I love movies but I can’t say that I love Hollywood. My wife and I sat through the interminable Academy Awards last night; we should have received an Oscar for patience. What amazes me is the lack of thanks the winners express to movie-goers. You know: the little people who shell out $12 or more a ticket to see roughly two hours of often mediocre entertainment. Instead of thanking the fans, most Oscar winners celebrate themselves (with perhaps a nod toward their fellow nominees) while thanking their publicists, their agents, various power-brokers in the industry, and so on.
Want the Academy Awards to move faster? Have the winners take the stage, accept the Oscar, thank the Academy and the fans, and sit down. And shut up.
Hollywood has a certain contempt for the working classes — you know, the people who keep them in their “Capitol” lifestyle (which is why “The Hunger Games” trilogy truly captures the zeitgeist of the American moment). I was disgusted in watching the Oscar preview to see ordinary Americans caricatured as crumb-infested, couch-ridden, half-naked, clinically obese morons. Yes, I’m not immune to humor, but to depict the fans who ultimately pay your salaries and keep you living the high life in such a luridly abusive way shows a contempt that is far too common among our “elites,” Hollywood included.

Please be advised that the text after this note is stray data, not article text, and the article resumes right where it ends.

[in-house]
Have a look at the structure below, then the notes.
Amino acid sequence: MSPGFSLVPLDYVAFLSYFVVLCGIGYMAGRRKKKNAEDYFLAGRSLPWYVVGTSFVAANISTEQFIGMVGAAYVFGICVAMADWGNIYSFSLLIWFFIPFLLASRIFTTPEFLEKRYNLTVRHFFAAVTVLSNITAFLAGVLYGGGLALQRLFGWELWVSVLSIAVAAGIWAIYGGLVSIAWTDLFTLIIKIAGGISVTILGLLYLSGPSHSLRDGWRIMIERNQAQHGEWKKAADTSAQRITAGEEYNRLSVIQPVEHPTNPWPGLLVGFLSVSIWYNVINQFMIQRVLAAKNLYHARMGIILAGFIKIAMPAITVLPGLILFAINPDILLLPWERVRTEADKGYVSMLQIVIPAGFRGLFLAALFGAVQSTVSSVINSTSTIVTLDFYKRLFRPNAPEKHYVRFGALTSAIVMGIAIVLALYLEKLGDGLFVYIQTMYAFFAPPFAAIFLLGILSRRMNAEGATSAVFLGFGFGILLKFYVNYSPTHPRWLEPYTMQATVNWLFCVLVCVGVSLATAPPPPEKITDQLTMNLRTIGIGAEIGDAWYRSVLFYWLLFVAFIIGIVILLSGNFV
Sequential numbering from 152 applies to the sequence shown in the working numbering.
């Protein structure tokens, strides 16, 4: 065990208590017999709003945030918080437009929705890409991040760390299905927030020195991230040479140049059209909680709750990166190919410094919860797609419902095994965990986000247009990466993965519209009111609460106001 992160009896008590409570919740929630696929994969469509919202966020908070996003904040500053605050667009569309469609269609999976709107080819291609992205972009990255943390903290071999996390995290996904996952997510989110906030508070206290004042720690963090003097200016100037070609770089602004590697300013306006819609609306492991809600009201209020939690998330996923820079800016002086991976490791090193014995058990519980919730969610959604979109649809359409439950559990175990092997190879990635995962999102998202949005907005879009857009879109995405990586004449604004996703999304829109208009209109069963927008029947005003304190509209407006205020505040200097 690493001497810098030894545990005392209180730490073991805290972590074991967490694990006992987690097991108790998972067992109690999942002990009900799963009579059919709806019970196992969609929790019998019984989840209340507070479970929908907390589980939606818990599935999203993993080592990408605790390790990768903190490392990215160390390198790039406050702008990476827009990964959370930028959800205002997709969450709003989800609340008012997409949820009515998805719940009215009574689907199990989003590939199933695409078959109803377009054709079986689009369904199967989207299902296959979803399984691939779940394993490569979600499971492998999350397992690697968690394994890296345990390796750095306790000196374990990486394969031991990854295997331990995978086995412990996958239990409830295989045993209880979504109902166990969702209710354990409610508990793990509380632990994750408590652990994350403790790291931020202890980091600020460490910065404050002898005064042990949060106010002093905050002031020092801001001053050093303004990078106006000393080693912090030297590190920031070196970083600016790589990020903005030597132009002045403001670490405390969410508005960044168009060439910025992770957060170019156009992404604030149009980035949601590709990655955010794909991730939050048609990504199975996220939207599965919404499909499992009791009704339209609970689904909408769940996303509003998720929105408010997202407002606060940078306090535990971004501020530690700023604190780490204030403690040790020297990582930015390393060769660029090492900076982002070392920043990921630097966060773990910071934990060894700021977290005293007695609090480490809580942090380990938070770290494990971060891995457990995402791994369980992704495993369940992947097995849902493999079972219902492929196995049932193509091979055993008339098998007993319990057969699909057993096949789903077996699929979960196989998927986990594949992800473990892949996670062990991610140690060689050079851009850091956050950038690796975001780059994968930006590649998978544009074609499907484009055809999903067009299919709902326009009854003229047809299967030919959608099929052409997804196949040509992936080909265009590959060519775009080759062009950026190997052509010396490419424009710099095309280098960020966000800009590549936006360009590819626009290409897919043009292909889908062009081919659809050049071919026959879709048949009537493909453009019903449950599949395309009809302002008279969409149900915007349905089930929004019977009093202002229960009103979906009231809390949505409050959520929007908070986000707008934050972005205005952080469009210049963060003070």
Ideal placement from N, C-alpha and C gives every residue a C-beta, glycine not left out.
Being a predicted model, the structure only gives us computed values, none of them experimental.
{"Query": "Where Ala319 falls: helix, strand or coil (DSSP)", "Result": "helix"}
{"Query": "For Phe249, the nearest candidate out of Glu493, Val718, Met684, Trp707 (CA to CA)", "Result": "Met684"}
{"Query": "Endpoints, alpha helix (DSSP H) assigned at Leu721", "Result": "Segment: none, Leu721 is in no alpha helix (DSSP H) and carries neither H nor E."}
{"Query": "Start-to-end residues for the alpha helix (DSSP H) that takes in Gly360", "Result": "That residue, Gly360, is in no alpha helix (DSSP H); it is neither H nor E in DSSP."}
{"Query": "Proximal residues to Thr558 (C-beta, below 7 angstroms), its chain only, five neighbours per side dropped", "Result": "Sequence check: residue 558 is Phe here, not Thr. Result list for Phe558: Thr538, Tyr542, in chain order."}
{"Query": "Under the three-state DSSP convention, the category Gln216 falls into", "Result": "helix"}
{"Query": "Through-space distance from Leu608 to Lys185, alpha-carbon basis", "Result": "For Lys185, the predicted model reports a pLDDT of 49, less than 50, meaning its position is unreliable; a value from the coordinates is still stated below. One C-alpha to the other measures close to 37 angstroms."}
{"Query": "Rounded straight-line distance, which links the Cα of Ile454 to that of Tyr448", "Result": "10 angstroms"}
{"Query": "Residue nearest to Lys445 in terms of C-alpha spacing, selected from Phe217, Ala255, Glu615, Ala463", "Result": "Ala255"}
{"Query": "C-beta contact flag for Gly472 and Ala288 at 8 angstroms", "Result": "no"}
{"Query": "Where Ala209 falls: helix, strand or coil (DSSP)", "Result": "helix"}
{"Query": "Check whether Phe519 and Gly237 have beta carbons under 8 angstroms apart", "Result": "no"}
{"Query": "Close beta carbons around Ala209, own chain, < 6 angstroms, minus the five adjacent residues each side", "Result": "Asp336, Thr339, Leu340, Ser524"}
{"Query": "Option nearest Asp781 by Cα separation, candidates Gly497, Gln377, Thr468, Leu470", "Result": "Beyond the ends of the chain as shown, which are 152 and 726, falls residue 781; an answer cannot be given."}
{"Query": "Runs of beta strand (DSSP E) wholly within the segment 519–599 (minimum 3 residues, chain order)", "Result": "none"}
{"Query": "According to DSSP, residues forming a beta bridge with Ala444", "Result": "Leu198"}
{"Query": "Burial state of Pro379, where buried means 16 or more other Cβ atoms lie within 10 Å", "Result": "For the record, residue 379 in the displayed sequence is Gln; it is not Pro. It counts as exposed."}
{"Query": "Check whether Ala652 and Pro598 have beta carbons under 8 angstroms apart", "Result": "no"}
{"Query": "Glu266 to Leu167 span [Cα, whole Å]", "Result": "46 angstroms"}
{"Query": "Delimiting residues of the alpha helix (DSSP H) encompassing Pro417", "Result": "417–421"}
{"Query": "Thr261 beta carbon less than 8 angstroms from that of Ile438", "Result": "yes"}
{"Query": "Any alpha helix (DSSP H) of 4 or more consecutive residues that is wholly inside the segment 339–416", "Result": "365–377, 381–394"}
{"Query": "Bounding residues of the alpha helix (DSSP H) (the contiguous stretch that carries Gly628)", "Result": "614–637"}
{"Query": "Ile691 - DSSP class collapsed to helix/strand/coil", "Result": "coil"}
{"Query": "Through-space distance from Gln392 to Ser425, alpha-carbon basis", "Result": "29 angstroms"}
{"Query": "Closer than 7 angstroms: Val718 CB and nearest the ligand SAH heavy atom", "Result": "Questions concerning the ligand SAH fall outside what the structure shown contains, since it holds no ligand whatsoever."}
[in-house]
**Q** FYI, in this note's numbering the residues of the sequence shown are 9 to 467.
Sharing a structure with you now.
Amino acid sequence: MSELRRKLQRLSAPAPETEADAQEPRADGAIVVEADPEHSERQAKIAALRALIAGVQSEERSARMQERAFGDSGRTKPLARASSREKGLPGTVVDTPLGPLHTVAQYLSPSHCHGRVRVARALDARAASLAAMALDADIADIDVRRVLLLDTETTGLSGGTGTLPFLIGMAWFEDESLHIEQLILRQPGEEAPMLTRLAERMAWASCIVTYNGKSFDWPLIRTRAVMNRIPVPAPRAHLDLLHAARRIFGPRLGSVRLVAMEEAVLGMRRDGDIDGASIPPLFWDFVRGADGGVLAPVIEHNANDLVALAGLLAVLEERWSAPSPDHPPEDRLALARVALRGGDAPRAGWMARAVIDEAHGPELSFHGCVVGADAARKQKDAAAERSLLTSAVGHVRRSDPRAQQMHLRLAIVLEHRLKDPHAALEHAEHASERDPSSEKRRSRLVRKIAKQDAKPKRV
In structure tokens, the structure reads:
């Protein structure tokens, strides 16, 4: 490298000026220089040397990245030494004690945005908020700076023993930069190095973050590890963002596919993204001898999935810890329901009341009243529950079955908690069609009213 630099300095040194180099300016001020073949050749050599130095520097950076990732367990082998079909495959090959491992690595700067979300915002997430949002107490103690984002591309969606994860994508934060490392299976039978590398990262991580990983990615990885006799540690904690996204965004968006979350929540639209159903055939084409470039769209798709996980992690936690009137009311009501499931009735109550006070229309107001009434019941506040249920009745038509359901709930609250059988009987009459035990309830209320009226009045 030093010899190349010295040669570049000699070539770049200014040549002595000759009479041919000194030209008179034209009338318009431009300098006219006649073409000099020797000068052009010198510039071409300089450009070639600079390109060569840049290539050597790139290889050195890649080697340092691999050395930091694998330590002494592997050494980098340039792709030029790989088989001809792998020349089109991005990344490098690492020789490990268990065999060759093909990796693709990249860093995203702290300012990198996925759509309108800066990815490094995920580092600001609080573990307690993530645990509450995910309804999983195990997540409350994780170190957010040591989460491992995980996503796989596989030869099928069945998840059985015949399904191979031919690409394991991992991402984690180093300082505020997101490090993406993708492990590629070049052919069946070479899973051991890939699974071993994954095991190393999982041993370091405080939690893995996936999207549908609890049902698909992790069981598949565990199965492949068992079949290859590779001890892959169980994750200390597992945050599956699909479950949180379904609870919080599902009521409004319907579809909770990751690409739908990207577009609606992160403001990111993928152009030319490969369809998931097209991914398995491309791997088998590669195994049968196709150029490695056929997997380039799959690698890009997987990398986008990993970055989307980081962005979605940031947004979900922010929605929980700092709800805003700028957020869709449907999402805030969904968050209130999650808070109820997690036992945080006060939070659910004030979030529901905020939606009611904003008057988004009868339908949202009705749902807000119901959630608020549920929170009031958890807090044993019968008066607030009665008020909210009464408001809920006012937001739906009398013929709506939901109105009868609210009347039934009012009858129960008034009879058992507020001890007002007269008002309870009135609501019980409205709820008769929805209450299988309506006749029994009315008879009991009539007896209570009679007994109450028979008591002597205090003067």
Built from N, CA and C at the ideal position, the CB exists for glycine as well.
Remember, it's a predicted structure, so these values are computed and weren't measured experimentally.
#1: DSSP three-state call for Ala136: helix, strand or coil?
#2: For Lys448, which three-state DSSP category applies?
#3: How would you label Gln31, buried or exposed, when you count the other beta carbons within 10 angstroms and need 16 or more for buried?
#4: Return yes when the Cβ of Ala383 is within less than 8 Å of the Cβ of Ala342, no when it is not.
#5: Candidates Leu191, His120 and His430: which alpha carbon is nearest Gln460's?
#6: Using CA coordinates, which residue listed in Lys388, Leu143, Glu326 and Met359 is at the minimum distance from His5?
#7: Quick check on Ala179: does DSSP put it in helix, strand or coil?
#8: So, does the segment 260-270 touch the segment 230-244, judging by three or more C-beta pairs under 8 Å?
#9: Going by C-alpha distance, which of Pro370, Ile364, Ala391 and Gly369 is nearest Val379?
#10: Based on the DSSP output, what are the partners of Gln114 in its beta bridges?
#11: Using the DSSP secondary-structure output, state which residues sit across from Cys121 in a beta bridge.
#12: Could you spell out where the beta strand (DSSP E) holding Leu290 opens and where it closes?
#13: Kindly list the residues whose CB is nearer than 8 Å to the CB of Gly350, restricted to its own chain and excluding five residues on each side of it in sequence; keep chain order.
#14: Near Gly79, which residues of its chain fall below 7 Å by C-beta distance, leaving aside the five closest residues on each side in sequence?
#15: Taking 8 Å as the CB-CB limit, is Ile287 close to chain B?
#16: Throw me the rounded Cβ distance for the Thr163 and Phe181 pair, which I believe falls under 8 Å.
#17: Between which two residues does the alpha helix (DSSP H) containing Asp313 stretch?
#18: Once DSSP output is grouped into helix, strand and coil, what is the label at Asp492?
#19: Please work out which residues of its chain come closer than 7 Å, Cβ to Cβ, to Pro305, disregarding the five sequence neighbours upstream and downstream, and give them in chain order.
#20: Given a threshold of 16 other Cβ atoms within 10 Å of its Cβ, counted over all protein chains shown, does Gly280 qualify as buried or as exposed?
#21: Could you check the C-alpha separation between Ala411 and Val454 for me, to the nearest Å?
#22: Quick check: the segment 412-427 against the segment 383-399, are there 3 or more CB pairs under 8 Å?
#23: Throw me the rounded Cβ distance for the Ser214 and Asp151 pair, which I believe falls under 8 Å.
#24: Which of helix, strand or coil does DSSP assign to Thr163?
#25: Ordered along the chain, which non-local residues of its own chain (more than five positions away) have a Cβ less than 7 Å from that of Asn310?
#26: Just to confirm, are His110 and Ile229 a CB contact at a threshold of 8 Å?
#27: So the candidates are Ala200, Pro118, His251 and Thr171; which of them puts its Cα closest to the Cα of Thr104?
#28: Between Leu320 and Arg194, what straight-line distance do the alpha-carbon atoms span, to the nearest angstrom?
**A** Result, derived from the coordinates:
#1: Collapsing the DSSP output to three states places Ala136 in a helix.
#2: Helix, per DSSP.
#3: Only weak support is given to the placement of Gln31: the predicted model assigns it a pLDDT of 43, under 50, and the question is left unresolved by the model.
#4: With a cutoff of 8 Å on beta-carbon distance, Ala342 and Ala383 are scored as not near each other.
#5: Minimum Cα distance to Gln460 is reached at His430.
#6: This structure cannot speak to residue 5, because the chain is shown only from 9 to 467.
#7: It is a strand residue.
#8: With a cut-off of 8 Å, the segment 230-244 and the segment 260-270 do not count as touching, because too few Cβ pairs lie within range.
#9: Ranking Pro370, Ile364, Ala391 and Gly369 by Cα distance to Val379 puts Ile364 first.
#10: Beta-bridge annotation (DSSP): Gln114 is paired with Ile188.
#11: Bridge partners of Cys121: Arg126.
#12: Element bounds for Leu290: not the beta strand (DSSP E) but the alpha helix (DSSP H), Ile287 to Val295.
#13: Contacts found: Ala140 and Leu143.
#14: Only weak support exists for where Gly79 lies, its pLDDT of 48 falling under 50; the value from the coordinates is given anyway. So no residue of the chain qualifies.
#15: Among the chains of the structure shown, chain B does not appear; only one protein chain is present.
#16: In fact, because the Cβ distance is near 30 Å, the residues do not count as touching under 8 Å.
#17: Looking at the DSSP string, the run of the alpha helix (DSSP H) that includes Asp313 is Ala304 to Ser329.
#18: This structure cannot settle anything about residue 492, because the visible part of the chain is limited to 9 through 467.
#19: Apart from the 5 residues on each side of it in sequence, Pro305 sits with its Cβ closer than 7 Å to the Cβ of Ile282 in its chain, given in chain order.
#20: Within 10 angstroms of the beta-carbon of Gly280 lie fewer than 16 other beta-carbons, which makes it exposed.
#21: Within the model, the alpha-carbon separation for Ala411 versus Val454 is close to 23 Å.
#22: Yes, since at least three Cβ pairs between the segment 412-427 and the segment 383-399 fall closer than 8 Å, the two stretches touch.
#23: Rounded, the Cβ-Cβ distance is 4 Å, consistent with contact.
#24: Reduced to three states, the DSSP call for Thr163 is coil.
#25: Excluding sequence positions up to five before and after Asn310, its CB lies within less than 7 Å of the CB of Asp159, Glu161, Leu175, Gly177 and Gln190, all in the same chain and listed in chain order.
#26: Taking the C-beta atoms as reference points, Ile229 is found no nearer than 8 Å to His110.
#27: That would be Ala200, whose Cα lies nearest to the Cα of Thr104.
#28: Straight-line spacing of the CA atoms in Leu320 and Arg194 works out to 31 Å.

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I enjoy Ellen Degeneres. She has a light touch, good comic timing, and she knows how to zing the audience. But her “Who wants pizza” skit was unfunny and ungenerous — no pun intended. Once again, part of the joke involved whether the assembled Capitol beauties were going to stiff the pizza delivery man. Ha ha. Let’s pass the hat and take up a collection to pay for the pizza we ordered. I’m not surprised many of the assembled elect couldn’t find a dime to kick in — they’re so accustomed to their Oscar freebies.
Hollywood has always catered to narcissists. Nothing new there. But there was a time when Hollywood celebrities knew how to accept awards (and their glamorous lifestyle) with a certain amount of class, while thanking, even respecting, the fans who make it all possible. Last night was not of that time.
I suppose the ultimate measure of Hollywood’s contempt for its paying audience is the poor quality of its movies. Want to make better movies, Hollywood? Start by treating the working classes with a measure of common courtesy — along with some empathy based on respect for their challenges and sacrifices.
A last comment: It was nice to see, however briefly, a scene from Norma Rae (1979), featuring the great Sally Field as a factory worker trying to unionize her place of work, a gutsy dynamo fighting for fair wages and safe working conditions. Where is that movie today, Hollywood? When was the last time you made a sensitive, sympathetic, and generous movie about the tough struggles of American workers? There must be a few, but none that stick in my head. Help me out in the comments section, dear reader, if I’m missing some obvious recent examples.